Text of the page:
By HAYS DAVIS Special correspondent, Richmond (VA) Times Dispatch
For four seasons, the TV sitcom “WKRP in Cincinnati” brought viewers into the office, the control booth, and the lives of a wildly varied and endearing cast of characters. And from 1978 to 1982, WKRP was one of the most influential radio stations in America, even though it didn’t exist.
Actors Tim Reid and Howard Hesseman, who played the DJs Venus Flytrap and Dr. Johnny Fever, respectively, selected the music themselves.
“We introduced a lot of music,” said Reid, speaking from his Petersburg studio of Tim Reid Productions. “We got two gold records: one for breaking ‘Heart of Glass’ (by) Blondie, and we got one for ‘After the Love Is Gone,’ the Earth, Wind & Fire song.” Reid was even thanked by Bob Marley for helping to break out the reggae giant on U.S. radio.
“We had an incredible record collection, because, back in the day, the music companies would flood us with records to try to get us to play music. Once (Howard and I) would get the script, we would get a look at what we had to say, what the scene was about, and I would listen to music to find the music that fit more for what I felt I would be playing under those circumstances.”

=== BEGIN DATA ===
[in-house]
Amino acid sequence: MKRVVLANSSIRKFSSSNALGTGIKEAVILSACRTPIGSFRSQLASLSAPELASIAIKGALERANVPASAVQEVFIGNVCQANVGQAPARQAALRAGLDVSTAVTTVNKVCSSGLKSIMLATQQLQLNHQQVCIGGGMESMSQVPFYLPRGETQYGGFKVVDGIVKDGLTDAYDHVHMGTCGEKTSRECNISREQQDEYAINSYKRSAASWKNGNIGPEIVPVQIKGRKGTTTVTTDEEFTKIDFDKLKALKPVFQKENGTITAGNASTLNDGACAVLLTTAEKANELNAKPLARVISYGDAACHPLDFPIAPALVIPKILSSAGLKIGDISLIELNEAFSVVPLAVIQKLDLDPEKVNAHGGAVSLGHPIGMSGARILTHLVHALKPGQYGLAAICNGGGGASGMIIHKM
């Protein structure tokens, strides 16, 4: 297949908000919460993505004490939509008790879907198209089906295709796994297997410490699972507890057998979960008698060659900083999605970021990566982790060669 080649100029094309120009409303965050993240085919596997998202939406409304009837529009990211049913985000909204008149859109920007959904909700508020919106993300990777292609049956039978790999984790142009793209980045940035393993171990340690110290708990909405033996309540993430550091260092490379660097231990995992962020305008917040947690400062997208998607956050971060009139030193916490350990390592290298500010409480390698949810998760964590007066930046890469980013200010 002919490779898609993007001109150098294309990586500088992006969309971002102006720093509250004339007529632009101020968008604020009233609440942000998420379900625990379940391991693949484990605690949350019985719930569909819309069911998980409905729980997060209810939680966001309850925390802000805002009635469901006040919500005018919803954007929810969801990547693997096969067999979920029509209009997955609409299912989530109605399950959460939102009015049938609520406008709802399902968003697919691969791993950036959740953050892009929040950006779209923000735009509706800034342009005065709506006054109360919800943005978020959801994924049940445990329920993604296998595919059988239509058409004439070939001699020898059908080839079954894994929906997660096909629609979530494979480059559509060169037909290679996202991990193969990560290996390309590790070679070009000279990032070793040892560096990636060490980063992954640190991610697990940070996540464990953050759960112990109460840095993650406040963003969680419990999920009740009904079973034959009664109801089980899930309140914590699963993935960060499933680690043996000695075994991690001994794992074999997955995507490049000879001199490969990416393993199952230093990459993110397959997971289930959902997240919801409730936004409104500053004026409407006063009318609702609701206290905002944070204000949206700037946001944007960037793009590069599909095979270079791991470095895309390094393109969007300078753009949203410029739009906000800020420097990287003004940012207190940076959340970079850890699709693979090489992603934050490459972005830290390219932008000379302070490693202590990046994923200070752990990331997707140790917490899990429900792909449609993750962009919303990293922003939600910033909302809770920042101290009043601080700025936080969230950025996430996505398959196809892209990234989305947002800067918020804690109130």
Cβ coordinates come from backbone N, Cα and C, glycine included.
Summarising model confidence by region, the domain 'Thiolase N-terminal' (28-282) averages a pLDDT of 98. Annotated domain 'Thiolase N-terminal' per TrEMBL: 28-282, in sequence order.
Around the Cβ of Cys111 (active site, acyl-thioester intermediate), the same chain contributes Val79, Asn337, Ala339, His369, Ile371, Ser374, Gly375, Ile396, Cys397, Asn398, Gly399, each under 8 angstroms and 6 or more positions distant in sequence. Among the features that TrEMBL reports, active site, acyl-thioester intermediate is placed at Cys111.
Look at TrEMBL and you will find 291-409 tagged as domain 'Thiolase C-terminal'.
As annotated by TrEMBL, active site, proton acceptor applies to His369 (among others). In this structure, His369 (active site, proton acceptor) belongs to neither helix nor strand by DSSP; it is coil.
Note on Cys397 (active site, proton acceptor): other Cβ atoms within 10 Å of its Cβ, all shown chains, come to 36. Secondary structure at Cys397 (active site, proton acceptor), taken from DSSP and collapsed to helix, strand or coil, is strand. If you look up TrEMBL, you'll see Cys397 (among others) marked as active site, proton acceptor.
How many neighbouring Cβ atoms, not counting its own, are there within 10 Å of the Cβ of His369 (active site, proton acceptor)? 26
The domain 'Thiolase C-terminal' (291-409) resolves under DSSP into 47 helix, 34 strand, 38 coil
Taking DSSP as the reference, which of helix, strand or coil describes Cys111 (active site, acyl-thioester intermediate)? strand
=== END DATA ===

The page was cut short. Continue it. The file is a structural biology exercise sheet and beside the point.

Ironically, the music has prevented fans from seeing complete episodes since their original airings, because of licensing issues. Later video releases could be confusing, edited around songs that were intricately involved with the action but could no longer be included in the show. A new box set of the complete series, recently issued by Shout! Factory, goes a long way toward rectifying the matter, restoring about 80 percent of the original music as well as the minute or more per episode that had been cut to add commercial time during syndication.
“The show broke a lot of barriers,” recalled Reid, “both for character interpretation and the kind of stories that we were doing, but it all came from the willingness of the creator and producer, Hugh Wilson, to allow actors to bring to the role a part of themselves that made it all rich and interesting.”
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